After all student questions are answered, I will run down the list of "examples" on the study guide, asking students to offer their own examples for each term. The study guide was designed to consolidate term definitions, but more importantly, students also have to synthesize their own examples (or pick one from the texts) to demonstrate the term. Being able to actually apply skills, not simply match terms with their definitions, is an integral difference between old learning standards and the Common Core. The list of skills students are expected to be able to perform is located at the bottom of the study guide as well, so there should be no confusion as to what to study or expectations for the text. I will go through the examples to emphasize the breadth of the skill and terms and to give students more practice on connecting examples with the skill. As students share their answers, they will also have to explain why this is an example of the term, and other students will have an opportunity to mentally work through how each suggestion pairs with the term. Again, this section's time schedule will be fluid to meet the needs of students.
Once all questions are answered and the material is thoroughly reviewed, we will begin playing English War! I will divide students into three groups (this time, I will do so simply by the seating chart, which is already designed to incorporate all ability levels in all groups, making the teams relatively even). Once teams are divided, I will go over the rules and prizes for English War. The Excel document in the Resources section contains everything needed (except for the questions) to play the game. The board, prizes, and rules are all contained in that one file so that it can be projected on a screen and allow for easy play. Then, I will select a team to choose a square first and begin the game! I sometimes let groups pick numbers to determine order, but today I will probably just go from left to right to keep the order very simple for my frazzled brain!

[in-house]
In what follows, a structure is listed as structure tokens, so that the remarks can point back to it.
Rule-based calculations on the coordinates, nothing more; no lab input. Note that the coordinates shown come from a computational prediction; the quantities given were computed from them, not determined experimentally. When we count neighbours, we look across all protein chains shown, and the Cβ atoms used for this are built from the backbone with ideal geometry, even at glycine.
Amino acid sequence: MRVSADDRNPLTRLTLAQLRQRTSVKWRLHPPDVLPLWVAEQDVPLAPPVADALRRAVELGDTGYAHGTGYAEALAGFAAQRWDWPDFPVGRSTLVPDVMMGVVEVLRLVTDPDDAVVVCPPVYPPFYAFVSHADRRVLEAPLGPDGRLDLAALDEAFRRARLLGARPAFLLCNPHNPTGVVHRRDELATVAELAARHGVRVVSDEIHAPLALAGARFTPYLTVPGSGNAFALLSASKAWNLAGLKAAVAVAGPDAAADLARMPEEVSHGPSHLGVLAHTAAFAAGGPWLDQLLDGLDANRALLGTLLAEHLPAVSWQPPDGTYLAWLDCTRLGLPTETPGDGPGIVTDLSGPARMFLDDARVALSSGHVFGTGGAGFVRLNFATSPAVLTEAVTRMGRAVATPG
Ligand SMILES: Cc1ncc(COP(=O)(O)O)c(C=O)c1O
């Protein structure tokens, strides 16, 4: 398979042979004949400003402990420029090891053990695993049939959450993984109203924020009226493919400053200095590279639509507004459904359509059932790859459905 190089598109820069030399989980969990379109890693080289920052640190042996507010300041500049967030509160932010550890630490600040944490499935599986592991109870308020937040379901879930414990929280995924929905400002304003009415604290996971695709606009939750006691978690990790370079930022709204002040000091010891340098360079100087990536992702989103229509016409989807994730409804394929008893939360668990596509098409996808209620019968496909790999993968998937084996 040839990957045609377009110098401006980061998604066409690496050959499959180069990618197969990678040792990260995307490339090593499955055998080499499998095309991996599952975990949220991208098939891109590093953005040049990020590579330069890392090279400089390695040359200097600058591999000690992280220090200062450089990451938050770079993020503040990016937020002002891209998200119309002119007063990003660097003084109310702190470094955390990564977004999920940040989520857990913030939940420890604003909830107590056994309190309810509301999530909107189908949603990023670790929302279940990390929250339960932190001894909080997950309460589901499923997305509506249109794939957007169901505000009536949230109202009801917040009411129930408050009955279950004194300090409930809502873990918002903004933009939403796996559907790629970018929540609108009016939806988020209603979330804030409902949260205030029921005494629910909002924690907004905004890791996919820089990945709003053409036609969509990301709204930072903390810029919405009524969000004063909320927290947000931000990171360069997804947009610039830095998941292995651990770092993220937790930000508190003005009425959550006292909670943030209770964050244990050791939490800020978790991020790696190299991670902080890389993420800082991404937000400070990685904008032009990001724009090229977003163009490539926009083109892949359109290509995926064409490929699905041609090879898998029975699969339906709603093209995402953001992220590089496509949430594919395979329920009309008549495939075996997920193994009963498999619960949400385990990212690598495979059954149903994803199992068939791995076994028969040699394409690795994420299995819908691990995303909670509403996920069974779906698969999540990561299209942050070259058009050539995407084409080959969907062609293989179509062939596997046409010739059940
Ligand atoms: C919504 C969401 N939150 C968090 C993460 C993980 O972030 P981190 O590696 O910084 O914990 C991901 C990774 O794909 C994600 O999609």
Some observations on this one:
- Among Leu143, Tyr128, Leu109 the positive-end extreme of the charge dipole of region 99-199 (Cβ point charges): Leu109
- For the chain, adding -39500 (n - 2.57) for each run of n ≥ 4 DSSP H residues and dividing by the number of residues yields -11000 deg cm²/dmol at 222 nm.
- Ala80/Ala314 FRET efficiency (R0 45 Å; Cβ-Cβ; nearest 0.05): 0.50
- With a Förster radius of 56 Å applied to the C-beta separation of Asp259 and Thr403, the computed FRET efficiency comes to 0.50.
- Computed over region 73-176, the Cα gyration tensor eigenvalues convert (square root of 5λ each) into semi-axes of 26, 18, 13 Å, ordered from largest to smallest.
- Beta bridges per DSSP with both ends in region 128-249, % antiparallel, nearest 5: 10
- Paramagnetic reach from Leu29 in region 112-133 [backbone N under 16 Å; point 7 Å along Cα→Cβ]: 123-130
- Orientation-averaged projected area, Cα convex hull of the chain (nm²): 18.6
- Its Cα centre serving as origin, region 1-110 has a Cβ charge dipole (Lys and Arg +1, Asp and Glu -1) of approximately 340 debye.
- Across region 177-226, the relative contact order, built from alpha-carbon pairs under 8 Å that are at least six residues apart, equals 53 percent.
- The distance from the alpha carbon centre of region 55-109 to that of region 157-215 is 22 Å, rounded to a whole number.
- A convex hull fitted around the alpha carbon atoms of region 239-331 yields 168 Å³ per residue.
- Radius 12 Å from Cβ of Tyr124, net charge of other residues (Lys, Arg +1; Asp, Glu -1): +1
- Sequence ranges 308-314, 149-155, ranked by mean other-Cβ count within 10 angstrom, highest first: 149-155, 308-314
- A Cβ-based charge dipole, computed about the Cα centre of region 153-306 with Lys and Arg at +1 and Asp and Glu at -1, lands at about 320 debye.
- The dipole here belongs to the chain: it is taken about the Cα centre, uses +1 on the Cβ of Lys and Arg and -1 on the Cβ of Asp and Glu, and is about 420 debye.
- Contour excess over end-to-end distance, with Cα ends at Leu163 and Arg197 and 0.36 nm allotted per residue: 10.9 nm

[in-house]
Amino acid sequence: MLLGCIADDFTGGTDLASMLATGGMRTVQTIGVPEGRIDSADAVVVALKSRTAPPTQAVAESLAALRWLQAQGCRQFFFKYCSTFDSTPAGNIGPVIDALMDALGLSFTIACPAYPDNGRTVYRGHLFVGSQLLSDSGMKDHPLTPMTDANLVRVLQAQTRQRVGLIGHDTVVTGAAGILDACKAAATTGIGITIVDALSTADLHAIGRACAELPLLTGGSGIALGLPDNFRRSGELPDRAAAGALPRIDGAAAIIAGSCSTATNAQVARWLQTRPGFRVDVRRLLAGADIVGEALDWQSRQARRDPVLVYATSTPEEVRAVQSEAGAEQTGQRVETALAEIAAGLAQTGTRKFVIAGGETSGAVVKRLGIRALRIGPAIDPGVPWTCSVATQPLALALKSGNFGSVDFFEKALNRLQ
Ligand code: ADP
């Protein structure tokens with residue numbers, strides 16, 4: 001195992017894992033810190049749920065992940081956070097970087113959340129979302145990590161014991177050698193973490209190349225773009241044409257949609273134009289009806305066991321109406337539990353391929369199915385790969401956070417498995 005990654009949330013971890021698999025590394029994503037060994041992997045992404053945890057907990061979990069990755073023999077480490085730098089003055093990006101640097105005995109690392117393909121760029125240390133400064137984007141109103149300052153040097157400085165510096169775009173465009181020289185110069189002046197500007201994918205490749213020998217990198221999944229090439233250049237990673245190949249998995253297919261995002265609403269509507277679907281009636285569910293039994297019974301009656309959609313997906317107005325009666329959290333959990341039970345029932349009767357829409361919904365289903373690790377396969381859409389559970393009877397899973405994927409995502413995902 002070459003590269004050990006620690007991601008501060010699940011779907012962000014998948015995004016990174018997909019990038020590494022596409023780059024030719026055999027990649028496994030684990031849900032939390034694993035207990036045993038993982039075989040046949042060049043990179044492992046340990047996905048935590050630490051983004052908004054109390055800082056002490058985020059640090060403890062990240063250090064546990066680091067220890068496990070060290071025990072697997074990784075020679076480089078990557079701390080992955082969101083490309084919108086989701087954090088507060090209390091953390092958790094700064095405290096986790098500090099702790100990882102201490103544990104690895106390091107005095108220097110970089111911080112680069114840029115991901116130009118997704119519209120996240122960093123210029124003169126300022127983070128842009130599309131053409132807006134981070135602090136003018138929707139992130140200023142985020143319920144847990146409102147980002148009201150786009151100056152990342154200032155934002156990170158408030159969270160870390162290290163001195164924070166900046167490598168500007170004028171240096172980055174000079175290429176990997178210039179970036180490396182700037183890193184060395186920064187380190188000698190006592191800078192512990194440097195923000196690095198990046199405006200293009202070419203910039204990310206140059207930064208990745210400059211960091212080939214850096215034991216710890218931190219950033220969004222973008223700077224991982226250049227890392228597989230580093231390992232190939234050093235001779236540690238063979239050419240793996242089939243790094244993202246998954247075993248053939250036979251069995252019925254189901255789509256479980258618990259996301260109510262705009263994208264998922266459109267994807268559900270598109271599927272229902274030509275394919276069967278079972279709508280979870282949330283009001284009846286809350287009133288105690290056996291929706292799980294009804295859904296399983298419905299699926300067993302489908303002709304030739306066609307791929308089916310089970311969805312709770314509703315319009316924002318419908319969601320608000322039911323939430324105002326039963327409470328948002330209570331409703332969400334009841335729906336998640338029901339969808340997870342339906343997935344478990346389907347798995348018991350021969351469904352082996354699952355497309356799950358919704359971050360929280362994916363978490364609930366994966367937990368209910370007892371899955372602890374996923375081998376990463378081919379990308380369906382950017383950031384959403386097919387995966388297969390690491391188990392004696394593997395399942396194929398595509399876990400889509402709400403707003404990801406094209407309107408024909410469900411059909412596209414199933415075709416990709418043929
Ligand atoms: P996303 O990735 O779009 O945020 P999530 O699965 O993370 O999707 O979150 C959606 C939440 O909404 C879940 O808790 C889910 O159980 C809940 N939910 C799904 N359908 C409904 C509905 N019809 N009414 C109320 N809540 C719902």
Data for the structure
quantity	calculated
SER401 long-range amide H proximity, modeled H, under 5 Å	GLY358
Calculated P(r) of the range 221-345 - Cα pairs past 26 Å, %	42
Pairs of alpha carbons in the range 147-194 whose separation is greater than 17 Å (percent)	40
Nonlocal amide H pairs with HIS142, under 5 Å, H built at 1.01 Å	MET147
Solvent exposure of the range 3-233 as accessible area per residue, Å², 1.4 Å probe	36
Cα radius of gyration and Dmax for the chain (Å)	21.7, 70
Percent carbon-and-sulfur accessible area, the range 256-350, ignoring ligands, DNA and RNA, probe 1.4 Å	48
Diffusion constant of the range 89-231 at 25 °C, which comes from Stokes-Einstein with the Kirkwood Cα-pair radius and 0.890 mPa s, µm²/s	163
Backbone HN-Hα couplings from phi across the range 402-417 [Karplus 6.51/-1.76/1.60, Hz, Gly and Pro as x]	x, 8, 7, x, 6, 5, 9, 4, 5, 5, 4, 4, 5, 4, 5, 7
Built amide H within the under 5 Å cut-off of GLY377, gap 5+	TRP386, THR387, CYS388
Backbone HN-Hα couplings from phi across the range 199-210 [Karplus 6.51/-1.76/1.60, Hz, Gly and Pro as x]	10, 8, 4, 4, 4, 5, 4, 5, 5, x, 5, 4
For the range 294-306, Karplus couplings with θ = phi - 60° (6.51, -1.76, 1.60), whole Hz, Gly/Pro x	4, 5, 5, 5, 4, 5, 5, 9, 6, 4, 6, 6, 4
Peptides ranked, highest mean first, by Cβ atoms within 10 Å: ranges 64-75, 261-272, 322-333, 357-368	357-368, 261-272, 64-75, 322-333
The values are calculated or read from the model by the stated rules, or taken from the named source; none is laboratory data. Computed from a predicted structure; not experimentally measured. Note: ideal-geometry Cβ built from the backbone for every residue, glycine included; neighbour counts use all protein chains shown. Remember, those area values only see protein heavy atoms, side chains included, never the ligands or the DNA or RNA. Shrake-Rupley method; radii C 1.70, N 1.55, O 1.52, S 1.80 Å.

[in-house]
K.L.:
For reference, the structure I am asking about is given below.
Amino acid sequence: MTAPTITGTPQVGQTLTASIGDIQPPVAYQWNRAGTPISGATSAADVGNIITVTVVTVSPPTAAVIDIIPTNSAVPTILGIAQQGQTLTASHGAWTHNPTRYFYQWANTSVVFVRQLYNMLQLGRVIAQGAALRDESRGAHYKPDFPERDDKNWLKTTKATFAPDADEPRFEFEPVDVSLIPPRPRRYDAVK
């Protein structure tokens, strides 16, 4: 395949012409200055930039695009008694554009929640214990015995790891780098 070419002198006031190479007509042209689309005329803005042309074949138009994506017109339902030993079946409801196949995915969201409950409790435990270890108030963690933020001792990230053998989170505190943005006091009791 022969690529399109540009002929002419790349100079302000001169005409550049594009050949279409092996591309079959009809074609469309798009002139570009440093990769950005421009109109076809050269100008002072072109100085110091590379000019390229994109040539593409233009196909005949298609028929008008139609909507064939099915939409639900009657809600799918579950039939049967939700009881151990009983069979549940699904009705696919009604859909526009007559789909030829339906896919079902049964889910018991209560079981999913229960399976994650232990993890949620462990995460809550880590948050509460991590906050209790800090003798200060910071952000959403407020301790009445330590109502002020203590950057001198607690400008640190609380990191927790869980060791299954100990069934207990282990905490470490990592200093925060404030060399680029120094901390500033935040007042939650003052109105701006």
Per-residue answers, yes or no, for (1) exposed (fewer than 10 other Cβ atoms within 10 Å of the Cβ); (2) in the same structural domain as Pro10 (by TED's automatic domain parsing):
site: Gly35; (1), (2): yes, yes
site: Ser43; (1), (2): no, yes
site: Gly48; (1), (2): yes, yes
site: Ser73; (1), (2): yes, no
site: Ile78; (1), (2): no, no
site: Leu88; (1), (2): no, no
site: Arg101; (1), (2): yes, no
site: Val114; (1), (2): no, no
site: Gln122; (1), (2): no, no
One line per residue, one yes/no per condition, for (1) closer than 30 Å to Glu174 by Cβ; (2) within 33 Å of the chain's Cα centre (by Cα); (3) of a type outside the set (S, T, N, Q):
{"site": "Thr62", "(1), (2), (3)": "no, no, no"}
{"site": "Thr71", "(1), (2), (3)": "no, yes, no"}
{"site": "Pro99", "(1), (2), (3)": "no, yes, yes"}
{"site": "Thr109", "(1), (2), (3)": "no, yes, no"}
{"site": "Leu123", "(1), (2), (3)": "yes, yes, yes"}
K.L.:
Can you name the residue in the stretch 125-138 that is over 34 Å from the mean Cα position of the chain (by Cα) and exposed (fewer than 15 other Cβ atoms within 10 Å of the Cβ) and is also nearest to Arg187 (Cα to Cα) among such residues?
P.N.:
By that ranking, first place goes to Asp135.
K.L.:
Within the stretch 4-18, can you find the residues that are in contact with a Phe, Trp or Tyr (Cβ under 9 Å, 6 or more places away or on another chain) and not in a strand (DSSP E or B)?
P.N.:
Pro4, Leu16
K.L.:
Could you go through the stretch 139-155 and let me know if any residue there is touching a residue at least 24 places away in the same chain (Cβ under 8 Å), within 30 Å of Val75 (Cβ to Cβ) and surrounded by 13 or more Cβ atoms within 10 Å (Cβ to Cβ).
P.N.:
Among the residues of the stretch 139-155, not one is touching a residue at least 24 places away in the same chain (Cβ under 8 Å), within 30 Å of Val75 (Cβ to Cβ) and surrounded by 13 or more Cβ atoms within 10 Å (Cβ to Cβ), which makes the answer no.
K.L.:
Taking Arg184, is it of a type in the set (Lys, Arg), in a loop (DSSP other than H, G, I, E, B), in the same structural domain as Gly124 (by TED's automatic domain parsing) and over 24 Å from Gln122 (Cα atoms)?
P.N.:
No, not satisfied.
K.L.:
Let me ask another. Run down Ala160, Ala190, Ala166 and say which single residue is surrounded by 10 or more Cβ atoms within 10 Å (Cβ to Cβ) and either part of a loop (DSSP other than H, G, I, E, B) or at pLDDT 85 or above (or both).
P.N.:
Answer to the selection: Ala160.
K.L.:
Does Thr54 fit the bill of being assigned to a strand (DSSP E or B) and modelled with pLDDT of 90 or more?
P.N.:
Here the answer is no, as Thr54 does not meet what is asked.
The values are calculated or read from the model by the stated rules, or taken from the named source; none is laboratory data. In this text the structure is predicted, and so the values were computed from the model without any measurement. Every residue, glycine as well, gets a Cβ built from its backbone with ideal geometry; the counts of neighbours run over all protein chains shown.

The test itself is made up of skill-based questions that are taken from 5-6 different assessments in our online textbook. I chose the questions because they had a decent mix of content with skills. Giving students all of the assessments in their entirety would be overwhelming and redundant. However, selecting about 75 questions that capture what I want to assess will make the assessment a reasonable length and produce measurable information about skill proficiency. This objective section is paired with a subjective essay section, which students will not see until the test. They are aware of the topics (listed just under the orange table in the review guide), but I strongly advised them to collect evidence to make inferences and conclusions before arriving to the test. These essay questions are created by me, and they will ask students to synthesize arguments using their opinion and specific evidence to get full credit. Since I wrote those questions myself, I will attach them in the resources. I will also attach a screenshot of the Skyward assessment. (Skyward is a lifesaver, as it automatically grades objective tests for you!)
To close this lesson, students will be reminded to refer to their learning and study preferences (discovered in the first weeks of school) to help them study most effectively. They will also be reminded that their completed study guides must be in their shared folders so that they can be graded. Groups that won prizes will be written down. Finally, I will answer any last-minute student questions.
Students will study for the exam. I will often check my email to answer any student concerns or questions, and I will take the time to set up each class's assessment within Skyward (our attendance and grading software) to begin ten minutes after the start of class next time. I want everything to be ready to go to answer any final questions next time and get the test rolling, so this is my prep work for that!